Market Patterns Repeating 11.17.10  
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A Review of 1929 Shows parallels with Current Position

Richard Russell

The ups and downs of the stock market during the Great Crash of 1929 seem to be repeating.

During the great crash of 1929, millions of investors lost heavily. Many participants lost everything they owned -- they were left destitute. It was so bad that Americans, in their defense, turned some of the horror into humor. Books of ironic humor were published, one of which was "Where are the Customers' yachts?" Talk of investors jumping out of brokerage house windows (mostly not true) were prevalent. "So and so was so crooked that when he died they had to screw him into the ground." The Industrial Average, which had begun its descent on September 3 at a value of 381.17, crashed to a low of 198 in November of 1929, all along accompanied by record volume. Tens of millions of dollars were lost, and crowds filled Wall Street as the horrific drama unfolded.

Then the unexpected occurred. The stock market turned up in November amid cheers from the anxious crowd. The Dow and the Rails hit secondary highs in late-November, and then backed off, only to hit lows a month later in December. In January the market started up again, and when the November highs were bettered by both Averages, many took that as a sign that the bull market had come alive again. Thousands of investors rushed back into the market, hoping to regain some of the losses they had suffered in 1929.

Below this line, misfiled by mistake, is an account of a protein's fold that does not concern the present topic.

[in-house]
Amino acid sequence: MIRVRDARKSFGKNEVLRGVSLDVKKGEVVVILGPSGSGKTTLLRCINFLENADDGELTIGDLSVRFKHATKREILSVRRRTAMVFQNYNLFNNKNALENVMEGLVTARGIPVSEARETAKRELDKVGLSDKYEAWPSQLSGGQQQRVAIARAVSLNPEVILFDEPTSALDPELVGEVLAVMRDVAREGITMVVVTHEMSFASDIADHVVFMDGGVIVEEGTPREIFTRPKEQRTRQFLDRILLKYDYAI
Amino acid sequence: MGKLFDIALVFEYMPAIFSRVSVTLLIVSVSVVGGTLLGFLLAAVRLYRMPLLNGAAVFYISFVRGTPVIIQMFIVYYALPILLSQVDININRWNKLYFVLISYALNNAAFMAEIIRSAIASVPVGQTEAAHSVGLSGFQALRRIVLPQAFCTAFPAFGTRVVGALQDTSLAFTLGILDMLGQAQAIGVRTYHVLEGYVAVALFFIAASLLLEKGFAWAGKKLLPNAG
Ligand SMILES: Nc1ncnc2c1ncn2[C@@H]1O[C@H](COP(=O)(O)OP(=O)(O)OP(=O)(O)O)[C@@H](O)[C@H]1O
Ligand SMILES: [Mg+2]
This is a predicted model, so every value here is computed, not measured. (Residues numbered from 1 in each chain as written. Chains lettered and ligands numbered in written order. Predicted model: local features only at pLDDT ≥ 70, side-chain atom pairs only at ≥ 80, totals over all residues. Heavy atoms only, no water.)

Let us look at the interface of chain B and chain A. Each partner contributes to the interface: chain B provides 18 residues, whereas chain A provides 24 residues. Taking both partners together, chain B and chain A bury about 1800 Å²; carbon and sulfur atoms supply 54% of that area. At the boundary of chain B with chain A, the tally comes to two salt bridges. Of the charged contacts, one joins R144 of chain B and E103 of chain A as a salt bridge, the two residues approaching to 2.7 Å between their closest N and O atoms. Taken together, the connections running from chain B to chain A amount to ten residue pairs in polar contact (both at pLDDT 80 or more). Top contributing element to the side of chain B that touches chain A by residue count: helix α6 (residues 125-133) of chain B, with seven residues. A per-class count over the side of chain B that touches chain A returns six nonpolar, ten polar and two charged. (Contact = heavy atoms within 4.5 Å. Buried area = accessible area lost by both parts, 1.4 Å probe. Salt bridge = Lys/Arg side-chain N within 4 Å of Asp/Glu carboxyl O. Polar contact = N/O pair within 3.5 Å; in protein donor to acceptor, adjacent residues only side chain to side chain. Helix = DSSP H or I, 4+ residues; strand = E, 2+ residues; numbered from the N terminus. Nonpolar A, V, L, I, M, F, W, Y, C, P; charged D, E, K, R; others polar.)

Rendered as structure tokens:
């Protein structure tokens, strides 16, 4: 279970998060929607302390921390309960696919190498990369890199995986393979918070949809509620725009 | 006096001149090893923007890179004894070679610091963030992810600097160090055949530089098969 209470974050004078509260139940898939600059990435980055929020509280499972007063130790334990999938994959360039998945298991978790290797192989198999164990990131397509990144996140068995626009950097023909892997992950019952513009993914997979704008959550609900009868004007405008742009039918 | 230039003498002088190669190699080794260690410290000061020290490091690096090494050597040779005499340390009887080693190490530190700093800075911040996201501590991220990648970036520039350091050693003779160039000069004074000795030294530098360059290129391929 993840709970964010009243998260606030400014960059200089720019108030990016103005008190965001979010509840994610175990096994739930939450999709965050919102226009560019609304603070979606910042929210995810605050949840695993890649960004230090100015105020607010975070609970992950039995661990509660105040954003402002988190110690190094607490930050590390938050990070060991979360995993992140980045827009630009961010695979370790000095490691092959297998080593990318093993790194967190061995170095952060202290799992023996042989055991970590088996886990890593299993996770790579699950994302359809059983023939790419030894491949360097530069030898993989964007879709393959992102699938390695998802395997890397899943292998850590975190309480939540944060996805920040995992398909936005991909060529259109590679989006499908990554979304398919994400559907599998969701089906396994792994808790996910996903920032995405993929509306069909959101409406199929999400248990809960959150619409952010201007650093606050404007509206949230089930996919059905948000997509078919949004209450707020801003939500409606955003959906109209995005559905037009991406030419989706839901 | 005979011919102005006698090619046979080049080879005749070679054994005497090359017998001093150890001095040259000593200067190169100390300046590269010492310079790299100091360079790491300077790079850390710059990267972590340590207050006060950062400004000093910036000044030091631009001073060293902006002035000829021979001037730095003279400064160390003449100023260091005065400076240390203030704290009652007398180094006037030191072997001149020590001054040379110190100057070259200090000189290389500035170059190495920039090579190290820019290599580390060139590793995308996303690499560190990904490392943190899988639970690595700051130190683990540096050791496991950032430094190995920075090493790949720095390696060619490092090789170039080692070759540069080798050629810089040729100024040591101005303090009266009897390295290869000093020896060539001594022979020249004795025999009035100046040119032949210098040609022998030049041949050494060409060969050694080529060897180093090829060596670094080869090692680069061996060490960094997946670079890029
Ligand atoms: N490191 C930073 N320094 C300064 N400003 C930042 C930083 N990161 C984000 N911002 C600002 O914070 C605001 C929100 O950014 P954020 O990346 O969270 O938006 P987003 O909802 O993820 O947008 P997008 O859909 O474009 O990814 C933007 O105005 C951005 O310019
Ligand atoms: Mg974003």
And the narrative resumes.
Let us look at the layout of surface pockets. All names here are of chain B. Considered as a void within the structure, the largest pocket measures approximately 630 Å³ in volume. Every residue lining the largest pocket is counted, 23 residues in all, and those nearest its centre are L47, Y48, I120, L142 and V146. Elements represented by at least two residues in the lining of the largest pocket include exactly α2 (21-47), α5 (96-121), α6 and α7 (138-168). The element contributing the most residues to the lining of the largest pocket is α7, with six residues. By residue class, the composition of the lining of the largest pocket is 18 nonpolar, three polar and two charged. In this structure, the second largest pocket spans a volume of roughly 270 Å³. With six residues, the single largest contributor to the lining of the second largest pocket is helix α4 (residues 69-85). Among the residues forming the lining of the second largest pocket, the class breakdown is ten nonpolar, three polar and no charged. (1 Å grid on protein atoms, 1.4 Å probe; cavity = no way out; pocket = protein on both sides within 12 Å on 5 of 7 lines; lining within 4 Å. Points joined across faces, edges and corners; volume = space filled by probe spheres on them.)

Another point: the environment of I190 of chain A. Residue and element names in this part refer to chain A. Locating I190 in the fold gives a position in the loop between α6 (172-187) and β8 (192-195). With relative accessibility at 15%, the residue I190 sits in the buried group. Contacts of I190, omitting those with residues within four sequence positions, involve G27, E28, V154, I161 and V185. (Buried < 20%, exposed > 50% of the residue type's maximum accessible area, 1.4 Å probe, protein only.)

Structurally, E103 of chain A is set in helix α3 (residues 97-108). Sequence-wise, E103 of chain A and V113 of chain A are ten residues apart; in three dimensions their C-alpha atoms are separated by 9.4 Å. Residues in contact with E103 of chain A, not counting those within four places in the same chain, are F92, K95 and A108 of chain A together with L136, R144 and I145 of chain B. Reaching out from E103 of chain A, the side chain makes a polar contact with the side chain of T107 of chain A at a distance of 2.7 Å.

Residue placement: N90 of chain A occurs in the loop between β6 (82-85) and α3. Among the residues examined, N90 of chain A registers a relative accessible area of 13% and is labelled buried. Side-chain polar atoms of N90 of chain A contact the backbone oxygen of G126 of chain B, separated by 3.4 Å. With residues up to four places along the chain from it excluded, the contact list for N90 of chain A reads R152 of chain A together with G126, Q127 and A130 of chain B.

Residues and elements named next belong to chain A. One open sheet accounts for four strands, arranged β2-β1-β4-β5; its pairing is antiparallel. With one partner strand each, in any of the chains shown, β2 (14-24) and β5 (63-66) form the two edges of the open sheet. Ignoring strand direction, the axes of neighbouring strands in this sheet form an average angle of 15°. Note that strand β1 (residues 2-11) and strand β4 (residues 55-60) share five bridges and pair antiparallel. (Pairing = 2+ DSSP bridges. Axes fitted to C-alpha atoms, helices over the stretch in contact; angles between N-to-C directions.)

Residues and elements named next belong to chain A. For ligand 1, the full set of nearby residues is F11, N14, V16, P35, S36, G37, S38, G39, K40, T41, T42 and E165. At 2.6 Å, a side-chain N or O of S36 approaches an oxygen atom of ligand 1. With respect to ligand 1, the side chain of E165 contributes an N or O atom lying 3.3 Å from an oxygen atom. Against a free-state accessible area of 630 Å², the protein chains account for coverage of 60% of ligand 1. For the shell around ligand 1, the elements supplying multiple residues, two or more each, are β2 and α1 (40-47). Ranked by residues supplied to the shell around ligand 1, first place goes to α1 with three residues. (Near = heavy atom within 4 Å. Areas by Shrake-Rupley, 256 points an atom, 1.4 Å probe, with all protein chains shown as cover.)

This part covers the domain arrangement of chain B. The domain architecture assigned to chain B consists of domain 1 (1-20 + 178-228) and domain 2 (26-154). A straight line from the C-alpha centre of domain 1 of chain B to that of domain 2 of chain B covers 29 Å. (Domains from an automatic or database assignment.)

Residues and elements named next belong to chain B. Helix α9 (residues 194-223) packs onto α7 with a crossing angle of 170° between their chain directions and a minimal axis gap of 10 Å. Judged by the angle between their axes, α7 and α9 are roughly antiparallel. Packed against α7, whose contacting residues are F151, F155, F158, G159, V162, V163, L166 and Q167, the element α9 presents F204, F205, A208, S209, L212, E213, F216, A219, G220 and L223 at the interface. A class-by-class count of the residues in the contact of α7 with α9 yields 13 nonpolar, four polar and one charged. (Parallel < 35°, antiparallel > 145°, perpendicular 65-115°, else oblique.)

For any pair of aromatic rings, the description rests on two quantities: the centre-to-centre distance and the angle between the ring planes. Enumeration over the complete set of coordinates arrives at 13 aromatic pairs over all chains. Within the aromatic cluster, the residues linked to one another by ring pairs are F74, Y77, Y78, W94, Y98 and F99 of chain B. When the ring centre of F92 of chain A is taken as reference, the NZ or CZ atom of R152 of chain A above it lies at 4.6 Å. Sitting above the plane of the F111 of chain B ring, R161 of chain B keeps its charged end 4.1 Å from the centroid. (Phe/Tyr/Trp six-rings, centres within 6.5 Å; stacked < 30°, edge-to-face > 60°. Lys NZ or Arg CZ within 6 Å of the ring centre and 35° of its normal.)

The market roared higher all during the first quarter of 1930: The Dow plowed steadily higher as confused shorts were driven to the wall. By April 1930 the Dow had climbed to 294.07, having recovered better than half of its crash losses.

In April of 1930 the market turned down as the bear took over once more. After April the bear market resumed with a fury. The extended and erratic bear market continued until July of 1932. The great bear market ended in July with the Dow at the incredible value of 41.22.

As I review the events of 1929-1930 I wonder whether we're not seeing the same scenario again. Recently we had the crash of October 20-07 to February of 2009. Next came the rally to April of 2010, then a decline to July, and most recently a resumption of the advance with both Averages rallying past their April peaks and into November.

When the April peaks were bettered by both Averages, many analysts mistakenly took this action to be a resumption of the bull market. The public, many hoping to recoup their 2008 losses, came back to the market in en masse. Volume surged, actually surpassing the earlier volume of July and August.

Then, very recently, something gave way; something cracked wide. On November 12 the Dow dropped 90 points. On November 16, instead of the expected rebound, the Dow plunged 178 points.

Seemingly, from out of "nowhere," we saw two 90% down-day in a space of three days, (Nov. 12 and Nov. 16).

Source: Richard Russell

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